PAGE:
Google: The Me Too Innovation Juggernaut

June 28, 2020

Like Microsoft, Google will have an opportunity to explain its business practices. Perhaps the company will explain how its magical black box interacts with the layers of software wrapped around the smart software too? Maybe, maybe not.

Turning to more practical matters, Microsoft’s decision to kill off the empty spaces called Microsoft Stores illustrates that me too innovation does not work reliably. Hey, Microsoft tried. Also, Microsoft’s interesting attempt to clone Amazon Twitch has ended by creeping to Facebook on little cat’s feet. Hasta la vista, Sr. Mixer. The hope is that Facebook’s magic returns and converts Mixer into a Zucking winner. Hope is useful for some.

The real news, however, concerns Google’s embrace of me too innovation. “Group Video Calls Now Arrive on Google Nest Hub Max.” I don’t know what a Nest Hub is. I don’t know what a Nest Max is. I don’t know what a Hub Max is. What I do know is that Google wants to be JLZ. That’s an acronym for “just like Zoom.” News flash: Zoom has a one word product name, “Zoom.” Google is four times more creative because the GOOG uses four words. Efficient, clear, and memorable: Google Nest Hub Max. Who will be the first Stadia addict to have the letters GNHM tattooed on his or her mouse hand?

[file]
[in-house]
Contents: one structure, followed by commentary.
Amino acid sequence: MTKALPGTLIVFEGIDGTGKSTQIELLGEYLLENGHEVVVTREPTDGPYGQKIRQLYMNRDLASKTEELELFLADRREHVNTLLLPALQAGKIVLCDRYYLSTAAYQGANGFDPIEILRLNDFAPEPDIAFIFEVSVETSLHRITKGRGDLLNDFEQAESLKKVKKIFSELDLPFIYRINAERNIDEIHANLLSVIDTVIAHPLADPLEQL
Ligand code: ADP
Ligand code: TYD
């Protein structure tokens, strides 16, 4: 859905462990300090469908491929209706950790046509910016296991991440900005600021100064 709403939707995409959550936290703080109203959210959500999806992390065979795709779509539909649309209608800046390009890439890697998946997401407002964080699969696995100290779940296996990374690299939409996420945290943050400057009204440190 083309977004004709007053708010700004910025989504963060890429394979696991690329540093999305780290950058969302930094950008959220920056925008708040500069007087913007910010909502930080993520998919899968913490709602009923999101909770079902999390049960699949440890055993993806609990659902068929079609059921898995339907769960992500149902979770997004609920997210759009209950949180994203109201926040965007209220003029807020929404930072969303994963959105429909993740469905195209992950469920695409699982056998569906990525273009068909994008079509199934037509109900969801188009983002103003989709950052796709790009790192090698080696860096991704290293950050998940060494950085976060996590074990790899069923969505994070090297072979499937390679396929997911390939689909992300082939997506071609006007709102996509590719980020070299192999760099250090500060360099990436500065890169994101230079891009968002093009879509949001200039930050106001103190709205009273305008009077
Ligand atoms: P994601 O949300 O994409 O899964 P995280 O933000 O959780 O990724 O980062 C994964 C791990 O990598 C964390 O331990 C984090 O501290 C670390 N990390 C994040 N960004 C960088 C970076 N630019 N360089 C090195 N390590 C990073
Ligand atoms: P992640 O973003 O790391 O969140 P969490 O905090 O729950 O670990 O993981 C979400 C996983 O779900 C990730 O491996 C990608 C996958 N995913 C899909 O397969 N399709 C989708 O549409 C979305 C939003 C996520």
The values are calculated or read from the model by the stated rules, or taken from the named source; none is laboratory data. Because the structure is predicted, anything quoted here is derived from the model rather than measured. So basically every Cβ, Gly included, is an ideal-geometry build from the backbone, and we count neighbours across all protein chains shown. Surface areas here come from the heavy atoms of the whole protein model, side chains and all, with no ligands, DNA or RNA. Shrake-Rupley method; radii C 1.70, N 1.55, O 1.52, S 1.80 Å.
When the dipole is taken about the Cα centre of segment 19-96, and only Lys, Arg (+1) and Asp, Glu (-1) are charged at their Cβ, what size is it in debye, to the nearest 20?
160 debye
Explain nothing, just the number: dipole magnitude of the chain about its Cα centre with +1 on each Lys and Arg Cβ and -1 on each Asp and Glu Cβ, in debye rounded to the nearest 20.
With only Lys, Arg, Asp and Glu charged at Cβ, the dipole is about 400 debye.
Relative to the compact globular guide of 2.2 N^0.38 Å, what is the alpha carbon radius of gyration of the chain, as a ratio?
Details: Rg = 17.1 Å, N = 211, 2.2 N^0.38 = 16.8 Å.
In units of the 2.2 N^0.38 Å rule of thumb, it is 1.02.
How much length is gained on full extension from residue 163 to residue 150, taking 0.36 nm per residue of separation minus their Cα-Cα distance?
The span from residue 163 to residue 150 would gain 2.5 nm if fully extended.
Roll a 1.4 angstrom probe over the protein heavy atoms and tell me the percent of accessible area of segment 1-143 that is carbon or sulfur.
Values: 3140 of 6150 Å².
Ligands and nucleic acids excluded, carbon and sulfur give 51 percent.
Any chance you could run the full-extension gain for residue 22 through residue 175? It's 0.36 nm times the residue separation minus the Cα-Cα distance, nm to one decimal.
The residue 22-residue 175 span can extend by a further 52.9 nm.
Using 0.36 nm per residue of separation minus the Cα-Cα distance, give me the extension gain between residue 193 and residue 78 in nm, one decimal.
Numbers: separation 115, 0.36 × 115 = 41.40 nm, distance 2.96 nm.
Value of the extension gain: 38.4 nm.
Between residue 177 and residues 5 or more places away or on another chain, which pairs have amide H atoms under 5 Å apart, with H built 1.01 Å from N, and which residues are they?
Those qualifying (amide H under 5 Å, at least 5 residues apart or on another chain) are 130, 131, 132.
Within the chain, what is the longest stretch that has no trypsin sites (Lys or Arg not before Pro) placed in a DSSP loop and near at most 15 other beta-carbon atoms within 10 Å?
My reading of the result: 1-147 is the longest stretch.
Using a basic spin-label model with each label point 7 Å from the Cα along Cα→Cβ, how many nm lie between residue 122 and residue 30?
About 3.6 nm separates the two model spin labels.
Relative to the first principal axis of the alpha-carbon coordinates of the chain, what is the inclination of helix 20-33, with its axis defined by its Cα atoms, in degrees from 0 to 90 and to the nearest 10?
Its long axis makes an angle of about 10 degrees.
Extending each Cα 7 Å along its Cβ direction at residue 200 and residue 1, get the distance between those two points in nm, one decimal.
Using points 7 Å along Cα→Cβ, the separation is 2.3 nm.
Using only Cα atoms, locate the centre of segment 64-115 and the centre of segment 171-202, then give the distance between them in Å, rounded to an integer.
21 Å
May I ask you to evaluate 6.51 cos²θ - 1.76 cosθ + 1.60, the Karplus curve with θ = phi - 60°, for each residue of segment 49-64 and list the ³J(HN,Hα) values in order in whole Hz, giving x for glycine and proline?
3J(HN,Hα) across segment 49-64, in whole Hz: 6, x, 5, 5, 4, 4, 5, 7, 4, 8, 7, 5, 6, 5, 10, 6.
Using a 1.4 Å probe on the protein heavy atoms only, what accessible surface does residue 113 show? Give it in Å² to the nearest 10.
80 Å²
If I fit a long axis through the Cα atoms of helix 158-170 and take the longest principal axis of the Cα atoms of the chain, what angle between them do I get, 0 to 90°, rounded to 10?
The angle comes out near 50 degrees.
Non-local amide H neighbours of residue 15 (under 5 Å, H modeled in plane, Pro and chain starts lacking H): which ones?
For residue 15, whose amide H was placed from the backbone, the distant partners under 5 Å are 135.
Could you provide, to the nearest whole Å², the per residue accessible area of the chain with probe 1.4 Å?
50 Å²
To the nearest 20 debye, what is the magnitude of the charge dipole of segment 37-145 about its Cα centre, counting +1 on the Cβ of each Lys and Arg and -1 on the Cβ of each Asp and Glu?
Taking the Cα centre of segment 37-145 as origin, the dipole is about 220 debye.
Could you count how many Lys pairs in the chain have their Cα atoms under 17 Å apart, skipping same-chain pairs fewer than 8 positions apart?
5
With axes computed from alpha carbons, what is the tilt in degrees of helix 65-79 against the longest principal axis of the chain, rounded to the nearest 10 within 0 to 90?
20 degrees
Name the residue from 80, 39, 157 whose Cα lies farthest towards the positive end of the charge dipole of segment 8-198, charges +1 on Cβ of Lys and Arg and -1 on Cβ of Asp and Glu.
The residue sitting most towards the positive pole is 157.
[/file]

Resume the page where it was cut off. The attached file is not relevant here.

The second Google item concerns Google’s acquisition of a me too company which developed some glasses like Google Glass. That was a product that sparked one wit to coin the term “glasshole”.

Google’s Parent Alphabet Is Reportedly in Final Stages to Buy Smart Glasses Maker North, As the Augmented Reality Race with Apple Heats up” reveals that Google is acquiring a company which practices the me too approach to product innovation. What happens when two me two innovation teams collaborate? That sounds like one of those discussion questions bandied about in Dr. Francis Chivers’ phenomenological existentialism classes at Duquesne University. Exciting, eh.

Although not on the scale of virtue signaling practiced by other high technology companies, Google wants to be more diverse. Okay, that’s original.

Google Execs Say We Need a Plan to Stop A.I. Algorithms from Amplifying Racism” reports:

Two Google executives said Friday that bias in artificial intelligence is hurting already marginalized communities in America, and that more needs to be done to ensure that this does not happen.

Haven’t I read this sentiment before? You?

See. Me too works!

Stephen E Arnold, June 28, 2020


Got something to say?

  • Archives

  • Recent Posts

  • Meta